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FIGs program to receive regents’ teaching excellence award

August 21, 2012 By Greg Bump

The University of Wisconsin–Madison’s successful First-Year Interest Groups program, or FIGs, will be honored this week with a UW System Board of Regents Teaching Excellence Award.

The program is designed to help freshmen make the transition to college both academically and socially.

Photo: FIGs food class

Working with hands-on tutelage by New York-based chef Scott Barton, pictured at center, undergraduates in a First-Year Interest Group, “Tasting Food, Tasting Freedom,” prepared an authentic Brazilian meal in the Food Applications lab in Babcock Hall last year. The weekly dinner lab was part of a class taught by Jack Kloppenburg, professor of community and environmental sociology.

Photo: Jeff Miller

A FIG is a cluster of about 20 students who sign up for three classes linked by a common theme, with a faculty member leading a seminar course that helps students discover interdisciplinary connections in the subject matter.

“The outcomes related to FIGs are truly astounding,” says Vice Provost for Teaching and Learning Aaron Brower, who nominated the program for the award. “It starts you out exactly the way you need to start out from a social and academic standpoint.”

When the program was piloted in the fall of 2001, it began with four FIGs with 75 students enrolled. The combined enrollment of FIGs in the fall 2011 and spring 2012 semesters was more than 1,200 students enrolled in 66 FIGs, and the program has become a model nationally and internationally.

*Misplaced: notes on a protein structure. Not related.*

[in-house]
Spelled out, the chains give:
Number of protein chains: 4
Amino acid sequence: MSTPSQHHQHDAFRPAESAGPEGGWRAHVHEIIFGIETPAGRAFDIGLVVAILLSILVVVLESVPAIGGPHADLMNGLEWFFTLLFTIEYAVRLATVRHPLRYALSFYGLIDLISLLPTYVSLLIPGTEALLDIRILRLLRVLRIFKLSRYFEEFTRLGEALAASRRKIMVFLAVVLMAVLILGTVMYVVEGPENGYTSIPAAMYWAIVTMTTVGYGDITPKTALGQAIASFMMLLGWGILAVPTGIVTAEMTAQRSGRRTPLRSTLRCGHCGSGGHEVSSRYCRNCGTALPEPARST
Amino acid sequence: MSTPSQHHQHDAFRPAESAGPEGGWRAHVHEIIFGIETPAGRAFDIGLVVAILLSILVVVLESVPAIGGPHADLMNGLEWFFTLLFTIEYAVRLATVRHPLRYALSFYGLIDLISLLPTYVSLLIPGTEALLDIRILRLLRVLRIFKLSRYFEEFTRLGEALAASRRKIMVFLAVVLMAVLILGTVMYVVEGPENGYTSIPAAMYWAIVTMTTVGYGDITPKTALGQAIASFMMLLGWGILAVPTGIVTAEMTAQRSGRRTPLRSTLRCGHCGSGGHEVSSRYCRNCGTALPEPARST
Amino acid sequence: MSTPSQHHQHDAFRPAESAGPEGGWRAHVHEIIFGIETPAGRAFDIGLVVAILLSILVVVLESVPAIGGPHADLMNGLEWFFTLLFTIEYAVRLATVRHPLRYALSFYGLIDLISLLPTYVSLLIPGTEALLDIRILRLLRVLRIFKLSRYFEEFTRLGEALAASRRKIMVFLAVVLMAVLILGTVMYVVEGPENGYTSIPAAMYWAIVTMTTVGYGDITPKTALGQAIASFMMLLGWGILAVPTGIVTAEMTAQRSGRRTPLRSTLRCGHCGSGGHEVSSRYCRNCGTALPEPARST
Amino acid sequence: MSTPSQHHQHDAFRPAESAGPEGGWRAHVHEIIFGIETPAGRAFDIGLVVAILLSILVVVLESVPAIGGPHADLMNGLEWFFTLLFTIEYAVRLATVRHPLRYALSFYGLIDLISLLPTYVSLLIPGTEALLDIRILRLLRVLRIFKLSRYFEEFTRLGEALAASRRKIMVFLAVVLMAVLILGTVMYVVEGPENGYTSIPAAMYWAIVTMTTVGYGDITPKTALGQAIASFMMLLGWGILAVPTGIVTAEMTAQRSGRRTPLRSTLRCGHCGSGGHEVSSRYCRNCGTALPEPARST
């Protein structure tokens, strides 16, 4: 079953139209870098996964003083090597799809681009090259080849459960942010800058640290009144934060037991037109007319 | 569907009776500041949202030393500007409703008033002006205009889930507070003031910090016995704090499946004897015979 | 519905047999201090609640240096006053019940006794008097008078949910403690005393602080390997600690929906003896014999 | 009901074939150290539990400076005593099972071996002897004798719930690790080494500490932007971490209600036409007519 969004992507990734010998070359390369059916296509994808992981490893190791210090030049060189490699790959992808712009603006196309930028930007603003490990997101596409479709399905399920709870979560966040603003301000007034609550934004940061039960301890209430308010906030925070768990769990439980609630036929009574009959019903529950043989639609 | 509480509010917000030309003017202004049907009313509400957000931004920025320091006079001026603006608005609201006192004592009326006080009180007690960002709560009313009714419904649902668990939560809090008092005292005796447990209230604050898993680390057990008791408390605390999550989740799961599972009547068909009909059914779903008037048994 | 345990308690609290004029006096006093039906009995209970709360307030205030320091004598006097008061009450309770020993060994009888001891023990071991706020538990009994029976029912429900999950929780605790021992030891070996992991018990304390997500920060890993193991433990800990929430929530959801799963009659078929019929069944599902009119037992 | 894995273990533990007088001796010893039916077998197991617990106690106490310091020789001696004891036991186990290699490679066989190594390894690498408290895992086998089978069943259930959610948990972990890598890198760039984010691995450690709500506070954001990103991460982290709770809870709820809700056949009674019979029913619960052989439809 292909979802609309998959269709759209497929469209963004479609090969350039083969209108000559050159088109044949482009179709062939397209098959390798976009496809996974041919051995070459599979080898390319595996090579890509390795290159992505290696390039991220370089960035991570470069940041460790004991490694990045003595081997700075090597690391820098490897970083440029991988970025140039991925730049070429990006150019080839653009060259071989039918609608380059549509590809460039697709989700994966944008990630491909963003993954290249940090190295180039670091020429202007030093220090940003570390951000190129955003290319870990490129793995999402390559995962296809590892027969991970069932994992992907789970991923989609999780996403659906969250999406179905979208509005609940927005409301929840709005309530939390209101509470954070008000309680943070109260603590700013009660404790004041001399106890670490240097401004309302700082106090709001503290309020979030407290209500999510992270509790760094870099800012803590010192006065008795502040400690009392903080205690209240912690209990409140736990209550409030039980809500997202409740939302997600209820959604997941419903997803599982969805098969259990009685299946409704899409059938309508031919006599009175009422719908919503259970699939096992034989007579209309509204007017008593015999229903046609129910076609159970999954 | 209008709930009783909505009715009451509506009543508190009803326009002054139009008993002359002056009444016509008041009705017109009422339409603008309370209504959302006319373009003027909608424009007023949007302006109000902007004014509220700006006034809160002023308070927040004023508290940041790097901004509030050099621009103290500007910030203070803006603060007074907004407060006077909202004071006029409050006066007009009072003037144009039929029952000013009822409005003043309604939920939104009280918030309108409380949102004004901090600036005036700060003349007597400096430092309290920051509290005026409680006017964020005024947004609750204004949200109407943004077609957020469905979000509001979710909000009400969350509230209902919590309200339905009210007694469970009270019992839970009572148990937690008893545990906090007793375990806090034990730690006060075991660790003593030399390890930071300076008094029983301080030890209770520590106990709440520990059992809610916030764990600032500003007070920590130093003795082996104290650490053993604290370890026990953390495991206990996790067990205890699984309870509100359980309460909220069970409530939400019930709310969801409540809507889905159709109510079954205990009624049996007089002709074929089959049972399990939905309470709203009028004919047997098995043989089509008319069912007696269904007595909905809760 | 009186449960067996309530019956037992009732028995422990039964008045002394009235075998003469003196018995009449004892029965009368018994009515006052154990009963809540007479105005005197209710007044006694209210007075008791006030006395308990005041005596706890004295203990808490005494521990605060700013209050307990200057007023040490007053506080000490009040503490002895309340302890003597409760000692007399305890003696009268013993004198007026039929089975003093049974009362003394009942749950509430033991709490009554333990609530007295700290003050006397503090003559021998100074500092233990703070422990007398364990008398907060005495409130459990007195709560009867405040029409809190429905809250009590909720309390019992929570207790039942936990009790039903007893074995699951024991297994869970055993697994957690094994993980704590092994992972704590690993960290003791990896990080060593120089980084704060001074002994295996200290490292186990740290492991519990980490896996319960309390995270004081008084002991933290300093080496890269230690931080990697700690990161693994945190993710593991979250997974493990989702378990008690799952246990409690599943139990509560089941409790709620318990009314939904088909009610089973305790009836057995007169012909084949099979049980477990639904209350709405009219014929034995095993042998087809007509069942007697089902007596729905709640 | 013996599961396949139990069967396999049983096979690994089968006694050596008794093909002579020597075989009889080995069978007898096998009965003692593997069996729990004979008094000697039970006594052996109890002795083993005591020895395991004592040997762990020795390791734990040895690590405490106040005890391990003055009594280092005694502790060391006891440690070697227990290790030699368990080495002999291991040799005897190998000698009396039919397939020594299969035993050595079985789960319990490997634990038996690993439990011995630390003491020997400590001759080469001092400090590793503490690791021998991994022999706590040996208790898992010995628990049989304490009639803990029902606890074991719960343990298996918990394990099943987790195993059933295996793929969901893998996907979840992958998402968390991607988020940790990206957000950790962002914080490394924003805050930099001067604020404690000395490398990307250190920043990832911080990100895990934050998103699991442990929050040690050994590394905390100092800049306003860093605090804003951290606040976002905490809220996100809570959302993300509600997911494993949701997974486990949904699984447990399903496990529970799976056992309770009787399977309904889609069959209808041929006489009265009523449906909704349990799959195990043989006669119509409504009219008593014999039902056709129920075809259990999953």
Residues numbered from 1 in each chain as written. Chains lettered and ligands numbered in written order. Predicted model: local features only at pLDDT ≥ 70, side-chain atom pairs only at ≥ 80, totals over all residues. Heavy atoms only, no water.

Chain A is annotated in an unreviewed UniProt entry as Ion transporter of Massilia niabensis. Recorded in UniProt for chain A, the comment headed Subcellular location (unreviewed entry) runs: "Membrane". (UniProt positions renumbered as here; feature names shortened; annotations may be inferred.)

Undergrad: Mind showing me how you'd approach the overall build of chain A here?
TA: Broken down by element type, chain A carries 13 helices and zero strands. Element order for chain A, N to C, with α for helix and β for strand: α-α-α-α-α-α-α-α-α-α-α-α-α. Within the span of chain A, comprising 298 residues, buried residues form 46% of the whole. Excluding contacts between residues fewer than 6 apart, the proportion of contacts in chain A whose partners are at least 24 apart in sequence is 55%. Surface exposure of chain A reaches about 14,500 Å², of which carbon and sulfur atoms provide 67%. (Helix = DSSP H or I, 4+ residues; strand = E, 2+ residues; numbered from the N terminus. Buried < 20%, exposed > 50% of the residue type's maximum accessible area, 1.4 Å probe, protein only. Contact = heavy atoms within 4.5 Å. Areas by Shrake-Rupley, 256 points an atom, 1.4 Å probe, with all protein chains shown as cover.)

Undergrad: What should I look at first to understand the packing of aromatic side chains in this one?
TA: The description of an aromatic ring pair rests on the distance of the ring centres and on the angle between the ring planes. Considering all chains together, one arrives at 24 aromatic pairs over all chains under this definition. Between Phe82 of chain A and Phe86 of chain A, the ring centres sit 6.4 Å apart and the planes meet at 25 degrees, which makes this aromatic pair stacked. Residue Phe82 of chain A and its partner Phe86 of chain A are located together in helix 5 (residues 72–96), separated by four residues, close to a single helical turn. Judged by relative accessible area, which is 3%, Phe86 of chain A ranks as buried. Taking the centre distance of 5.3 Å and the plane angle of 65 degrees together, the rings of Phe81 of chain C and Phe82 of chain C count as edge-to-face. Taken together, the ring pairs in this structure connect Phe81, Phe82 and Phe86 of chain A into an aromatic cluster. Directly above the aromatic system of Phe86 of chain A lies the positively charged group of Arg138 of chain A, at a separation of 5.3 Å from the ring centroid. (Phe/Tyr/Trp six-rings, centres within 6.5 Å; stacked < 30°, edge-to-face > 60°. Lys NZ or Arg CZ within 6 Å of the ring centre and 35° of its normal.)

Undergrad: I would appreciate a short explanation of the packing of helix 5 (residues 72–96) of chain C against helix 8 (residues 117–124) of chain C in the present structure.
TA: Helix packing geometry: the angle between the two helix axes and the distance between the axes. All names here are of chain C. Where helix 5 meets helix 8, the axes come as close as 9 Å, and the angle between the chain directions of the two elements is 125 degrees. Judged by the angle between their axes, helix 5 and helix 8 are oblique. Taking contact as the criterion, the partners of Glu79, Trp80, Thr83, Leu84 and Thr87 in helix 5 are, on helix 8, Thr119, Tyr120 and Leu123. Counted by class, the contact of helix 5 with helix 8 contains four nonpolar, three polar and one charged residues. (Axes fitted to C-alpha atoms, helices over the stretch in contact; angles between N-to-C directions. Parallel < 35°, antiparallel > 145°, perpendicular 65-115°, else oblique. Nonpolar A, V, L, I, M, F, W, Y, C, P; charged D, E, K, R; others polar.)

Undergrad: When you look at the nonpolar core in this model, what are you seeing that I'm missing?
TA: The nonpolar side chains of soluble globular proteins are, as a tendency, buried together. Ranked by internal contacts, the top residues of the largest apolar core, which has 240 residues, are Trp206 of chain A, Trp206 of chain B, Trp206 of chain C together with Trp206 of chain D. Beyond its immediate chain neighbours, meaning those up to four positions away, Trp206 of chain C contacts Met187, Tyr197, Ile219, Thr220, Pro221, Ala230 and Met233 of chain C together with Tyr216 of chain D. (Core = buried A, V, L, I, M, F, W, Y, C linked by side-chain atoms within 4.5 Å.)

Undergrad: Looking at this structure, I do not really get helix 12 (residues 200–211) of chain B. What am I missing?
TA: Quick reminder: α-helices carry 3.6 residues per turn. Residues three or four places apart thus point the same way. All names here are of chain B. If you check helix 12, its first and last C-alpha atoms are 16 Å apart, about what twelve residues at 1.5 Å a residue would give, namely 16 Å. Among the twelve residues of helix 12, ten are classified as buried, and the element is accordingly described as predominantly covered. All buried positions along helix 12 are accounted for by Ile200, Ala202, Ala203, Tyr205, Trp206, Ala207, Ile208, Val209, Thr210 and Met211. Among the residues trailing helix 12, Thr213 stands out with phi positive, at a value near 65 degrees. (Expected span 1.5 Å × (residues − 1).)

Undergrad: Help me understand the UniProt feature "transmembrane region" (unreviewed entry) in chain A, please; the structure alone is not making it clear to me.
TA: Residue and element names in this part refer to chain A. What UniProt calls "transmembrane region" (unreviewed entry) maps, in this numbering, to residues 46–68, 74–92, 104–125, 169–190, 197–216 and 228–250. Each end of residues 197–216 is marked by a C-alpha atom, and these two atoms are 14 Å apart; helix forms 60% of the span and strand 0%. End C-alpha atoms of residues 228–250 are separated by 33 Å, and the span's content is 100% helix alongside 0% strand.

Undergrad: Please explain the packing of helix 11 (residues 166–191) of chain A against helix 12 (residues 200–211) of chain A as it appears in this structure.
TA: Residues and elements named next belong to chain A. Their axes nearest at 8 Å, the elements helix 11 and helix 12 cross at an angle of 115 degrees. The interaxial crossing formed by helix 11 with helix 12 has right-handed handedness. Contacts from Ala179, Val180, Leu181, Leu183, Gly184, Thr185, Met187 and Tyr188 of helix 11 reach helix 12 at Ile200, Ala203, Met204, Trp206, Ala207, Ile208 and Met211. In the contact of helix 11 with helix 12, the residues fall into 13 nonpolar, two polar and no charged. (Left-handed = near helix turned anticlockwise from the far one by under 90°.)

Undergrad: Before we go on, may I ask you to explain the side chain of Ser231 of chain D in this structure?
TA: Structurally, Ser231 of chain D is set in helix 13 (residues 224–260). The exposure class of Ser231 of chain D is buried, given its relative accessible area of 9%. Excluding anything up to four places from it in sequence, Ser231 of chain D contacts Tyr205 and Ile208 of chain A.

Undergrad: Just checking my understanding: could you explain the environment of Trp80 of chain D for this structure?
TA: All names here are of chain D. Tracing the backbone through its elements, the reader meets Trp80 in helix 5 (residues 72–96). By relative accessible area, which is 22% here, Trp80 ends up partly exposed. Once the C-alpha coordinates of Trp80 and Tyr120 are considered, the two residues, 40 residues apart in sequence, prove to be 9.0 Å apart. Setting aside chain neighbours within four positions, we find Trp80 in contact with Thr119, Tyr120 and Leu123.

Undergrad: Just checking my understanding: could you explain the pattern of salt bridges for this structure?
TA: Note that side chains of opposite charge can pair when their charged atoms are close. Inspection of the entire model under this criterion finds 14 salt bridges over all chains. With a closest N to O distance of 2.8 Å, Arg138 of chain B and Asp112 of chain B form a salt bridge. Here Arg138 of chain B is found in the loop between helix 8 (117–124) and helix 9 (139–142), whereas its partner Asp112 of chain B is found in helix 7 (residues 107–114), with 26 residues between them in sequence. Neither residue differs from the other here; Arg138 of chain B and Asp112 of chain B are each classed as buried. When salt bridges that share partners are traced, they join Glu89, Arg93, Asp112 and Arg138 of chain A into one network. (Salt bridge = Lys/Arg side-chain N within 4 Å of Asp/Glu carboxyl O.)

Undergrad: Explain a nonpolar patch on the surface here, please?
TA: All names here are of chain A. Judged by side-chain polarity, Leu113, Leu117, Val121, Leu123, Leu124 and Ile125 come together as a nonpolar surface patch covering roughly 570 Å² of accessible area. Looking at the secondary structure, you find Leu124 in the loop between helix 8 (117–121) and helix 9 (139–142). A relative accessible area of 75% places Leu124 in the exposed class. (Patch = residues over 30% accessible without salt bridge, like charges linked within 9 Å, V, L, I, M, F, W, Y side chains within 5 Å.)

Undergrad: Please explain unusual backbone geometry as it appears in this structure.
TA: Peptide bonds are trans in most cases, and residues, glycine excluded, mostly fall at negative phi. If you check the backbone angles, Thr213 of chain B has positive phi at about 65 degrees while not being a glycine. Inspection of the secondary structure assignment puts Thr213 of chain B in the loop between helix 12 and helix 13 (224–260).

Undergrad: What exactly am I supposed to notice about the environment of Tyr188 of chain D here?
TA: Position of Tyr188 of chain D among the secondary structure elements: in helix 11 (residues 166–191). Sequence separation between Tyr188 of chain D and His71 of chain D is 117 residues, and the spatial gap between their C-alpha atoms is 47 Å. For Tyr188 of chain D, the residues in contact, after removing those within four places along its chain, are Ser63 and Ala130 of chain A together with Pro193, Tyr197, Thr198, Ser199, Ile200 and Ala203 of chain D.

This fall, FIGs director Greg Smith says there will be 55 FIGs enrolling about 1,100 students. The numbers are expected to grow by about 10 FIGs this spring, with a couple hundred more students expected to participate. This fall, a FIG for transfer students majoring in psychology will be introduced.

Smith says the students are “connecting with faculty and learning how to be students from each other. They learn how to network, how to form study groups, and they learn from each other the best strategies for success in the classroom.”

The cumulative grade-point averages for FIGs-enrolled students at the end of the first semester have been higher each year since the program began, despite the fact that FIGs enrollees having academic profiles that indicate they are less prepared for UW–Madison than their non-FIGs peers.

Participation in the program also has been shown to have a long-term positive impact on student performance — after seven semesters on campus, 83 percent of FIGs students have cumulative GPAs of 3.0 or higher, compared with 75 percent of non-FIGs students.

Regents will present the teaching excellence awards on Friday. Recipients receive a $5,000 stipend for professional development.